Their emotional display and facial responses were inappropriate to the situation shown on the video clippings.

As part of this same study, emotional movie clips were shown to three different groups of people. 

Out of these three groups, one group is normal people with no history of mental health issues, some had depression and the third group was schizophrenics.

After seeing the video clippings, responses of these three groups were recorded. The findings suggested that schizophrenic patients showed facial expressions that were irrelevant to the content of the clippings.

People with blunted affect showed a less emotional reaction. They could emote only for 2.7 seconds in the film, while others expressed emotions till 22.3 seconds.

Blunted affect leads to signs of depression in patients with schizophrenia. Moreover, studies have found an increased risk of suicide associated with blunted affect. 

This simply occurs due to a lack of adequate social interaction. The person remains in social isolation and craves support that may not be available at the right time.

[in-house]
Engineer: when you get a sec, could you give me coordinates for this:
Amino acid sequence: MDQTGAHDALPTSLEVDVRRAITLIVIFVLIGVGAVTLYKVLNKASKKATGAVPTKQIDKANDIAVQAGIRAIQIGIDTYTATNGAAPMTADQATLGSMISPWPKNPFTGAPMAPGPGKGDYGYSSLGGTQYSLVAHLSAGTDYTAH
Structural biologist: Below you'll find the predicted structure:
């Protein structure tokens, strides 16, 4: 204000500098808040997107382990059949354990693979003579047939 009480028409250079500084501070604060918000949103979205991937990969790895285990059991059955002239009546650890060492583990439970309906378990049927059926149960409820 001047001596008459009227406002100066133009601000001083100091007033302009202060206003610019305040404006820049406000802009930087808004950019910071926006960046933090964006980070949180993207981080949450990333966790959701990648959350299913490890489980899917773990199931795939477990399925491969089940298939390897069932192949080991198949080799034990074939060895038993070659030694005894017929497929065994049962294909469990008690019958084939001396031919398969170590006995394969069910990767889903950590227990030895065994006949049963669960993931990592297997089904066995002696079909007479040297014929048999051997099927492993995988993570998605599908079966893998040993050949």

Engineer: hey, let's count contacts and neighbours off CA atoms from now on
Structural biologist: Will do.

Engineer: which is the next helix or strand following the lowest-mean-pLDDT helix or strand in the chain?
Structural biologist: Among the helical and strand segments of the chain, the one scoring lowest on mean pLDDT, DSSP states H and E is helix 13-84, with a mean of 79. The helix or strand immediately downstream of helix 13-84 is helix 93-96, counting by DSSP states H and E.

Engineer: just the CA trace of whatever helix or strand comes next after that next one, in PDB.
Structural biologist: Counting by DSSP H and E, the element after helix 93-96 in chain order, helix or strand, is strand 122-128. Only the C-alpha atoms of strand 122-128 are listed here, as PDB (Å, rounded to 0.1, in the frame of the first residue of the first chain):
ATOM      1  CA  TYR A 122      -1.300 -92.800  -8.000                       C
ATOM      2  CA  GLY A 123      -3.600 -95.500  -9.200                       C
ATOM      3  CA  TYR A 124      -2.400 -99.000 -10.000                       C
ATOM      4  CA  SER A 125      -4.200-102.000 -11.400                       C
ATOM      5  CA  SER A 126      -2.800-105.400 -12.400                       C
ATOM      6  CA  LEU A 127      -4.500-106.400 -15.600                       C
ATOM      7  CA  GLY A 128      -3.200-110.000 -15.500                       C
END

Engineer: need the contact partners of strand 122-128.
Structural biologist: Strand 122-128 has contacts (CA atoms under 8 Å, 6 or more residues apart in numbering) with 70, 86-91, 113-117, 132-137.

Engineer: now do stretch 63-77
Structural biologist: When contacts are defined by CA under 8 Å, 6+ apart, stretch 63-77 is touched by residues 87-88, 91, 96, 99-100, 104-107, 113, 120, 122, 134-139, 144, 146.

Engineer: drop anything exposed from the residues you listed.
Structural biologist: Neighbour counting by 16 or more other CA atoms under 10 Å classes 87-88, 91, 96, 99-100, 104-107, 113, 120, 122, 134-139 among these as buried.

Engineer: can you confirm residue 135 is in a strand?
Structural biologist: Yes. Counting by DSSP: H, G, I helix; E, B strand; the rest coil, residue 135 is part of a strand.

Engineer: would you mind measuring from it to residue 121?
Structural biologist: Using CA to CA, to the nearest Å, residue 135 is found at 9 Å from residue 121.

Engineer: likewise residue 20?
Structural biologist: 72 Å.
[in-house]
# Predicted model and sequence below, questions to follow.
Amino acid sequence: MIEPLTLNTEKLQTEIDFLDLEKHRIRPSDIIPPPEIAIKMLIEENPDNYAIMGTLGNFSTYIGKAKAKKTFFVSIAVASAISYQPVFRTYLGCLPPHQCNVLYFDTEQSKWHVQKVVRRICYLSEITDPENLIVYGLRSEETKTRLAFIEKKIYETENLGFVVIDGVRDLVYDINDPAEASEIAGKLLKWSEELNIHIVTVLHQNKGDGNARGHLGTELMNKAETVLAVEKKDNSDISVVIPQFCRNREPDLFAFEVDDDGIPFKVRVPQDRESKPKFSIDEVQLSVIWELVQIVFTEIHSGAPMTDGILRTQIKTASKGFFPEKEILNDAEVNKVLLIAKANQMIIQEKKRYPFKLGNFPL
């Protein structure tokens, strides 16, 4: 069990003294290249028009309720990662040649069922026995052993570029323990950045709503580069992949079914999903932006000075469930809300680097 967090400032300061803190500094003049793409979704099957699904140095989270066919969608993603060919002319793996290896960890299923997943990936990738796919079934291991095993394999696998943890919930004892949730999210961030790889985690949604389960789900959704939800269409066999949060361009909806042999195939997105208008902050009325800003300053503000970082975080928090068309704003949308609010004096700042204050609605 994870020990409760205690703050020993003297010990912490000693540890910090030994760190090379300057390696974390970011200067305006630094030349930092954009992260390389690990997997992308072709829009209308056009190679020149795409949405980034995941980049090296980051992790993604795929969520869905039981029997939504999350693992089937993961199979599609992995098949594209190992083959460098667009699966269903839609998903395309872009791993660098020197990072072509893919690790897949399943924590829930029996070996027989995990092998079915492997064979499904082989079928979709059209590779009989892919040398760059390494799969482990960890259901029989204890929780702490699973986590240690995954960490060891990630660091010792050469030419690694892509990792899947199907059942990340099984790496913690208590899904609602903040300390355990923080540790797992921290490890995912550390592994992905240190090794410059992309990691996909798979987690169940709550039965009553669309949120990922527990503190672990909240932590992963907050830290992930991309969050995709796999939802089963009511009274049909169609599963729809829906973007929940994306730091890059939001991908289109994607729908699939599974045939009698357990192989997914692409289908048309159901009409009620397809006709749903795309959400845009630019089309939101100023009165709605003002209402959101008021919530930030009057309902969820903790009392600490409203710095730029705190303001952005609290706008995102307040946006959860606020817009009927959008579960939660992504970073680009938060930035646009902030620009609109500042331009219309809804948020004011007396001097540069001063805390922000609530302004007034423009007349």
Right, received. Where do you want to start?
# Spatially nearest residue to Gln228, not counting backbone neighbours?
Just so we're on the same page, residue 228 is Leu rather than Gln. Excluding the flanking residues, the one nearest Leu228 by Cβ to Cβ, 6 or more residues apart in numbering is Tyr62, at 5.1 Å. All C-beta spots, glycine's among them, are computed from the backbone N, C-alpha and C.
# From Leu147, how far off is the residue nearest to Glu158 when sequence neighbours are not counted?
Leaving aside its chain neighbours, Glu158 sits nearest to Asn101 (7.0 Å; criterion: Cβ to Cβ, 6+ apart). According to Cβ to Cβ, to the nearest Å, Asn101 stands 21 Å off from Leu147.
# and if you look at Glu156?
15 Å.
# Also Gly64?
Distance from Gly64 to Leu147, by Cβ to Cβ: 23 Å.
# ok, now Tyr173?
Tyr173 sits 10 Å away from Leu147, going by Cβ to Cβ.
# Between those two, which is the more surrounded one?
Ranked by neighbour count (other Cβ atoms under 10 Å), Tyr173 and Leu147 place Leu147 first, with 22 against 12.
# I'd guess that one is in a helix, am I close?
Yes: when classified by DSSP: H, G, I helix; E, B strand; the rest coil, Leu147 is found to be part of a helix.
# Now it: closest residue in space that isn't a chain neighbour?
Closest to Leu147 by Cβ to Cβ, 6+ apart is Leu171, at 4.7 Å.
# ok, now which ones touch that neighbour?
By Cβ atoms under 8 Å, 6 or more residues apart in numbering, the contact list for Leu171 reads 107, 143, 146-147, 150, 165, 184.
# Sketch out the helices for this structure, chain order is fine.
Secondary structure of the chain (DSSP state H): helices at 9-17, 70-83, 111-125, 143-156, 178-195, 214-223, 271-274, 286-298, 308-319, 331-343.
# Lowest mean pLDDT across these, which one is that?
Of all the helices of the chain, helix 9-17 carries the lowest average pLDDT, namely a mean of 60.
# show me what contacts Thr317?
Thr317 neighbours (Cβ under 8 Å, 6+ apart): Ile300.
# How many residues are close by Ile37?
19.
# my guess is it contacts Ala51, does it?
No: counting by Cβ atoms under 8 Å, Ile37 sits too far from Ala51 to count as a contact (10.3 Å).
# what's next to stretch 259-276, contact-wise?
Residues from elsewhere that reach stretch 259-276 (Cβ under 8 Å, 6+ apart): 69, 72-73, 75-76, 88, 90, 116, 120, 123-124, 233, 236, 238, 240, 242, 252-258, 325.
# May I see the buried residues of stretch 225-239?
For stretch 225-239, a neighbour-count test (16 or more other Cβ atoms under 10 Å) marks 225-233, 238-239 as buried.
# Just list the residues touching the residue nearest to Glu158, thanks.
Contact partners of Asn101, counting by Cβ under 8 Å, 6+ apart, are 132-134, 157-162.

2. Autism spectrum disorders

ASD or autism spectrum disorder causes flat affect and less emotional reactivity. The person either displays very less and limited affect or no emotional display at all.

This lack of emotions is caused by less socialization.

ASD causes a lack of social interaction, improper communication skills. Both these can limit emotional expression to a great extent. 

People with autism spectrum disorder suffer from mood swings, inappropriate affect, and blunted affect.

These people also shift their affective states. It ranges from shallow and blunt affect to flat affect as well. The person may withdraw and may not show any emotional responses.

Their feelings and facial expressions differ. For most of them, communication with others is restricted or completely absent. They do not reveal emotions through gestures and eye contact.

People with ASD speak in a flat tone. Their tonal quality does not rise and slow down according to the situation they are in. In moments of extreme happiness, they may not even put up a shallow smile on their face.

Several research findings have suggested that emotional problems of autistic people lead to socialization problems.